The goal was to start a convention where science-fiction fans, gamers and comic book readers could revel in their obsessions -- open forums about who would win a battle between comic book heroes Hulk and Thor, for example -- without having to explain themselves. The dream was to find one hotel that would host them and "keep Mr. Normal out of there," Henry said.
"Then we could really kick."
As chairman, Kramer invited guests like Gary Gygax, creator of Dungeons & Dragons, the game that revolutionized role-playing; Richard Garriott, creator of the computer game "Ultima"; and notable fantasy writer Michael Moorcock.
Author and horror film aficionado Anthony Taylor attended the first Dragon Con in October 1987 for just a day. He saw Moorcock and Eric Bloom from Blue Öyster Cult performing "Black Blade" on stage.
"I went, all right, so this is maybe more than just a gaming show. Maybe next year I'll come to the whole thing," he said. He has attended every Dragon Con since.
The first convention was something of a success, Henry said. With big-name guests and 1,400 ticket-holders, it was a healthy start, and they were encouraged and moved forward.
Henry was the self-described "belt and suspenders guy" who loved accounting and working behind the scenes. Kramer was the leader and public face of the convention who conducted himself like a "carnival barker," Henry said.
In 1993, Dragon Con officially incorporated in the state of Georgia, according to court documents, with Kramer and Henry the majority stakeholders. It made sense, Henry said, "since we were the two working the hardest." Most of the original board members from that first meeting made up the minority stakeholders, Henry said.
"We were the two that were absolutely dedicated to not letting Dragon Con fail at that point. Atlanta needed a nice convention, and that's what we were going to do," Henry said.
Vader's boys herald a new era
By 1998, Dragon Con had found a place on Atlanta's annual convention calendar. Other conventions that draw fans of science fiction and technology like World Con, E3 and Comdex had all called the city home at some point, and Dragon Con was starting to feel like a natural fit.
More hotels signed multiyear contracts to block off rooms for Dragon Con attendees, allowing more tickets to be sold. The star power grew as well, with 1998 panels featuring guests including Ray Bradbury, Ray Harryhausen and Forrest Ackerman, a rarity for a convention anywhere at the time, Taylor said.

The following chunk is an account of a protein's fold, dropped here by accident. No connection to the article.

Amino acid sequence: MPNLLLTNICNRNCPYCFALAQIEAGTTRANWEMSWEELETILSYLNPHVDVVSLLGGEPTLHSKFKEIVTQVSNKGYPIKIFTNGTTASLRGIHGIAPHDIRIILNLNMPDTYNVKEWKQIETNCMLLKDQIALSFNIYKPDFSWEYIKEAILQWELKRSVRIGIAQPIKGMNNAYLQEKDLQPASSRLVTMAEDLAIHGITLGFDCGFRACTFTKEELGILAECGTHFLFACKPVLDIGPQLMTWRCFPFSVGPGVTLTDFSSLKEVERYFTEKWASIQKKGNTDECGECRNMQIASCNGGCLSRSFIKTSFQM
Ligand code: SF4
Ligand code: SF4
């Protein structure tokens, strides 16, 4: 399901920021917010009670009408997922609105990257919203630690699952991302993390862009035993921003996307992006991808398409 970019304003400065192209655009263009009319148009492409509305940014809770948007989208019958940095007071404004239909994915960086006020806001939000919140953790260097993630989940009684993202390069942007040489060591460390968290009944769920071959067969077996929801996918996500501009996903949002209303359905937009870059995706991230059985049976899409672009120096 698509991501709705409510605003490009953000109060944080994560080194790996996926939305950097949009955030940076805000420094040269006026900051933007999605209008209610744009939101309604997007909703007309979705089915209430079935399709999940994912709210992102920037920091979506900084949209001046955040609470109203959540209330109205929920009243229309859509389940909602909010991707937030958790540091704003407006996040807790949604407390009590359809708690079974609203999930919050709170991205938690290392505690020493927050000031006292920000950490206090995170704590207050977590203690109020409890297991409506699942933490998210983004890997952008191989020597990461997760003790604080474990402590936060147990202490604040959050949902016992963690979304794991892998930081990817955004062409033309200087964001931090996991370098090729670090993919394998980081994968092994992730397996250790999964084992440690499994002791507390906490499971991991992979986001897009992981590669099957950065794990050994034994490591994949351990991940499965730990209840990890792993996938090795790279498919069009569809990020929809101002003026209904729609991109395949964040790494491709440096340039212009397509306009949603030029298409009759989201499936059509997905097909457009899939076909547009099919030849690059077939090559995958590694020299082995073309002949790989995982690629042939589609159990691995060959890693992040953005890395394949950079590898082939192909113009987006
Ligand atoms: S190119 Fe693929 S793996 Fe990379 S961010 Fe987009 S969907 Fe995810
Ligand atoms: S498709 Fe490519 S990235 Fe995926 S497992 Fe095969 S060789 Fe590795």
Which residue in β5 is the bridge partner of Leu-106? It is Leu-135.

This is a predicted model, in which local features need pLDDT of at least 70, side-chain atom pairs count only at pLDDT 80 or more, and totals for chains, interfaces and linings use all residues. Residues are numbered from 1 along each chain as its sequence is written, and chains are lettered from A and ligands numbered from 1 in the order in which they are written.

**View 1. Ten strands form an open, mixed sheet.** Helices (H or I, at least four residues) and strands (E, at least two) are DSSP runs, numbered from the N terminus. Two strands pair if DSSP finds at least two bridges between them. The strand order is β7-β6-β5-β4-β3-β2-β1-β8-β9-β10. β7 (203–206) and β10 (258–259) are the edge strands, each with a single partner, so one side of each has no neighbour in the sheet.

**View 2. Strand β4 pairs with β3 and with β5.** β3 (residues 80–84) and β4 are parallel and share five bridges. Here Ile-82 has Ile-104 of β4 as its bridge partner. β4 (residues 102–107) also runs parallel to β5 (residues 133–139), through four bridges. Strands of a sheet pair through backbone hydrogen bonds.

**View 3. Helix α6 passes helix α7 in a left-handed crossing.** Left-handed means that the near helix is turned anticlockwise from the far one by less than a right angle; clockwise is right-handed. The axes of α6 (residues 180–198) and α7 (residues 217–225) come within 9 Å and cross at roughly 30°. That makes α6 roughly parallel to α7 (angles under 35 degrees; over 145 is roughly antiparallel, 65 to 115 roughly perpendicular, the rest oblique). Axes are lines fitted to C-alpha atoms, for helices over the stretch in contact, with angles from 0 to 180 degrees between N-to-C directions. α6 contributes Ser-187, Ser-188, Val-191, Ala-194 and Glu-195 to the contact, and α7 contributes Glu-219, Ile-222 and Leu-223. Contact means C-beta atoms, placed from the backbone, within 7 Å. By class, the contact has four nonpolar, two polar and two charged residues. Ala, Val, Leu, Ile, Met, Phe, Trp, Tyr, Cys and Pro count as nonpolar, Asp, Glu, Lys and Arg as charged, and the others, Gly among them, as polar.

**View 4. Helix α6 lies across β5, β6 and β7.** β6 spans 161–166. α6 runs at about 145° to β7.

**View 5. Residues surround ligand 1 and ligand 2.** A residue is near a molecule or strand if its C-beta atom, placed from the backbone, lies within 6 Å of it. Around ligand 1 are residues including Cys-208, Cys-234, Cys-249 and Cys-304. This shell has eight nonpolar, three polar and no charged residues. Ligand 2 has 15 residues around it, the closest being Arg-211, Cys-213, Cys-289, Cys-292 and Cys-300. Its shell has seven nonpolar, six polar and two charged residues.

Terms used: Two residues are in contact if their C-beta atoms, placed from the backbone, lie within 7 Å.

"There have been a lot of moments where I was like, 'I can't believe this is happening in Atlanta,' " he said.
Then came the guys wearing armor.
Albin Johnson was recovering from a car accident that cost him a leg. Daydreams of "Star Wars" kept his spirits up, and a fledgling Internet fueled a community of fellow fans. Johnson wanted to meet his friends at 1998 Dragon Con and, if the Force was with him, start a club of Stormtroopers. He would call it the 501st Squad.
He made a logo and got a 3-foot-by-3-foot foam board, "thinking we could have a flag to rally behind," Johnson said.
But, when he showed up in the lobby, no one was interested. Even Anthony Daniels, the actor who played C-3P0 in the "Star Wars" movies, refused to pose for a picture with the sign, he says.
But he managed to stoke the interest of a few fellow fans, and a movement began. Over the years, he drew more followers at the convention and beyond; today, the 501st counts 10,000 members from 48 countries, Johnson said. Members dress as Stormtroopers and use their powers for good to promote Star Wars fandom and raise money for local charities and volunteer groups.
The 501st is a now a Dragon Con fixture; the groups of Stormtroopers have even been known to associate with Klingons, Mayes joked.
A friend in trouble
By 2000, Pat Henry and his wife, Sherry, were feeling beaten down by Dragon Con after years of negotiating with hotels, working with celebrities and running day-to-day operations during the convention in addition to his day job running a comic book store. In their second-floor room in the Hyatt, they took a quiet moment to reflect.
"We're too old for this. This hurts too badly. We are way too heavily invested in this thing," Henry said, reflecting on the crux of their discussion.